Over the past few years, the US economy has taken a severe beating leaving millions of Americans struggling to find employment and forcing others to be cautious in their spending habits. As a result of this climate of economic uncertainty, people have been quick to point their fingers at what they perceive as the source of their problems but very few are offering up effective and valid solutions to help solve this problem. In order to wrap our arms around this major issue, we need to first diagnose the issues that created this problem in the first place in order for it to not happen again.
Catalysts and Causes
- Oil price spikes in 2008. With prices surging over $100 US/barrel, this sent US consumers and businesses into a state of shock. People almost doubled their expenses at the pump – filling up a SUV that would have normally cost around $40, suddenly pushed $80. While $40 may not seem like much to some people, for others that added up to an extra $160/month which would cut into their groceries, mortgages, savings, and other expenditures. To add to this, the price of transporting goods and resources increased which further impacted consumers. Many politicians argue that the wars in the Middle East as well as some of their governments were to blame for the sharp rise in oil prices, however I firmly believe that the issue had mostly to do with the commodities market spinning out of control and unregulated. At the time, I was actively involved in day-trading ETF commodities and witnessed the effects first-hand during my trading sessions. In my opinion, this is the catalyst which started the current downward spiral.
- Intentional loop-hole in midsize vehicle purchases (tax write-offs) under the Bush administration which caused a rush of business owners to purchase large vehicles, which they in turn ended up paying at the pump during the oil price spikes of 2008. “Ironically”, both President Bush and Vice President Cheney (CEO & Chairman of Halliburton) both had significant ties to the oil industry.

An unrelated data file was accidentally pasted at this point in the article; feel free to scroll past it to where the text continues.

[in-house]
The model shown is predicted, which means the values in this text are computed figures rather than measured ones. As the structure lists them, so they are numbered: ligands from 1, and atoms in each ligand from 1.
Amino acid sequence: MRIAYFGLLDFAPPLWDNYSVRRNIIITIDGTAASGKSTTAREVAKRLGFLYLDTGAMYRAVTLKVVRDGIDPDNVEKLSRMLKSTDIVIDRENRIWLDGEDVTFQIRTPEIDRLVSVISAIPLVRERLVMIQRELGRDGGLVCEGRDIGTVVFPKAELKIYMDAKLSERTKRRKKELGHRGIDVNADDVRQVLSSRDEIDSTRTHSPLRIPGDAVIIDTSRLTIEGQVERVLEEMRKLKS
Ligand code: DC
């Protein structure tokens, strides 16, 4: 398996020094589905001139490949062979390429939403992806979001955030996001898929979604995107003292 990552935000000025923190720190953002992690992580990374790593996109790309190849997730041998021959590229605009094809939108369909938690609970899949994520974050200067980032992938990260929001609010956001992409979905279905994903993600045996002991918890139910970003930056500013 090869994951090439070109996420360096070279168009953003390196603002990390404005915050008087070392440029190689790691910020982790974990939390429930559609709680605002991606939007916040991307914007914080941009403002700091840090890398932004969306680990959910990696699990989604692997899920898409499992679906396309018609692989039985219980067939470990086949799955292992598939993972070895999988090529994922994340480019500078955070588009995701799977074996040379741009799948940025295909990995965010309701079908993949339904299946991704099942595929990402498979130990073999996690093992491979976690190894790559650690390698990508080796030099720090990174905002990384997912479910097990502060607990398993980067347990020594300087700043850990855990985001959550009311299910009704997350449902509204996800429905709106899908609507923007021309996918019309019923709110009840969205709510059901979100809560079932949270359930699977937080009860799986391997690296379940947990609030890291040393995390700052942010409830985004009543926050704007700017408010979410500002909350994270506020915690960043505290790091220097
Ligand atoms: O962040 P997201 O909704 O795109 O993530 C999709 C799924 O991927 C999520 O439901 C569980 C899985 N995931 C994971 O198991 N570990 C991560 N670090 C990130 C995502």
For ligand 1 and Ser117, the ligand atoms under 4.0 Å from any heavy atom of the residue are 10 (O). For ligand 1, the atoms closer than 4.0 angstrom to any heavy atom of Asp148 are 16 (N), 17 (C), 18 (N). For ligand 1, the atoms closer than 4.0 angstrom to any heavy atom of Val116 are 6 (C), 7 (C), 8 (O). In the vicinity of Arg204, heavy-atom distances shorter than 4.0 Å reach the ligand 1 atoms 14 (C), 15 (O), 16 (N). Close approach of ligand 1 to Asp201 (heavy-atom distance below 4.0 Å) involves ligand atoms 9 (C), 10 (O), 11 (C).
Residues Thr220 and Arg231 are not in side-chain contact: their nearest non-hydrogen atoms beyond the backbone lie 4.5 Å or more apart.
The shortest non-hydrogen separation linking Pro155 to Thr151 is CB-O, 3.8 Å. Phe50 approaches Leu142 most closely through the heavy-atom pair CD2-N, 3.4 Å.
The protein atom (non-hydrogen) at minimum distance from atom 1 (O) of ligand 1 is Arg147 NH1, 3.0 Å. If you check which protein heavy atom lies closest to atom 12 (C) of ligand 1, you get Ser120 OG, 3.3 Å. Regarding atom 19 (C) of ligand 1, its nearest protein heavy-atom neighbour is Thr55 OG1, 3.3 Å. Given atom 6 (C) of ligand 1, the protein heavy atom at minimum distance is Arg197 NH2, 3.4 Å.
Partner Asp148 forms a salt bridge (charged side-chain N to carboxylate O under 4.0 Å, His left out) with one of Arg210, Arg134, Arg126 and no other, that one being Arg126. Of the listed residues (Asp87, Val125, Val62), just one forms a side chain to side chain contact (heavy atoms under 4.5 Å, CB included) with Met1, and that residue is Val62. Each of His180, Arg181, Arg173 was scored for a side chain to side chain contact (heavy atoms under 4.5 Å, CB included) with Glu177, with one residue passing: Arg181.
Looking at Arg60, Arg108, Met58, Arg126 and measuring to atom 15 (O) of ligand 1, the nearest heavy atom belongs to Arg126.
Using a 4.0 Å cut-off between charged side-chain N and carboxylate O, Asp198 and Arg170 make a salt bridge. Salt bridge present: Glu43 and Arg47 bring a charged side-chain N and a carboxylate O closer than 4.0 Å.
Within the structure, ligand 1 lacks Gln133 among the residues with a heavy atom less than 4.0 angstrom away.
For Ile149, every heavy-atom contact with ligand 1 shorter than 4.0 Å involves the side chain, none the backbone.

- Faulty underwriting/predatory lending of major mortgage lenders. Simply explained, the large lenders and banks in the United States let smaller lenders partially take over mortgages on homeowners that were not creditworthy. When the homeowners couldn’t make payments, smaller lenders got into financial trouble. Some of the major lenders weathered the storm, but a lot of the smaller companies went under.
- Faulty credit leading to a worsening situation. Part of the above issue, homeowners that did not have a solid track-record of credit were sold homes, then quite often found themselves unable to pay their mortgages.
- Home value depreciation. People’s homes are worth less now as a result of the above. People can’t refinance as a result, and hence they are spending less money in the market.
- Bank lending practices. I work with a lot of major real estate developers in my main line of business. One of the most common complaints is that the banks will not lend out money unless a significant amount of cash is put down. They simply don’t want to take risks in this economy. As a result, these developers are not developing new properties which in turn affects people in the construction industry, retailers, etc.
- The cost of two separate wars. I’m not here to argue the reasons for going to war or to debate their necessity, but I’m simply pointing out the trillions of dollars spent which have affected taxpayers and other avenues of government spending.
- The cost of Homeland Security, something which even Congress is still debating (somehow.)
- Large corporate tax breaks. The theory behind this is that if business owners are given significant tax breaks, that this would lead to employment gains. Employment simply didn’t gain during the Bush administration, and a lot of major companies continued to offshore their work and manufacturing processes where labor is cheaper.
- Wealthiest American tax breaks. Some people argue that the wealthiest percentage of Americans pay proportionately smaller amounts of income towards taxes and that it’s unfair.
- Outsourcing work and accountability. It’s very simple math – it’s cheaper for companies to send their work overseas. Compared to 10 years ago, the Internet has now enabled us to do so more readily and easily. A lot of the money that is being sent overseas feeds other countries economies, but does little to help our own. The money that is sent overseas is spent overseas and doesn’t return. We may in-turn receive cheaper goods, but since there’s less people employed in our own country, very few people are left here that are capable to buy the goods that are imported. Outsourcing has affected numerous areas of customer service and manufacturing and has lead to significant job losses in high-tech fields. The flow of work and money overseas is largely unaccounted for.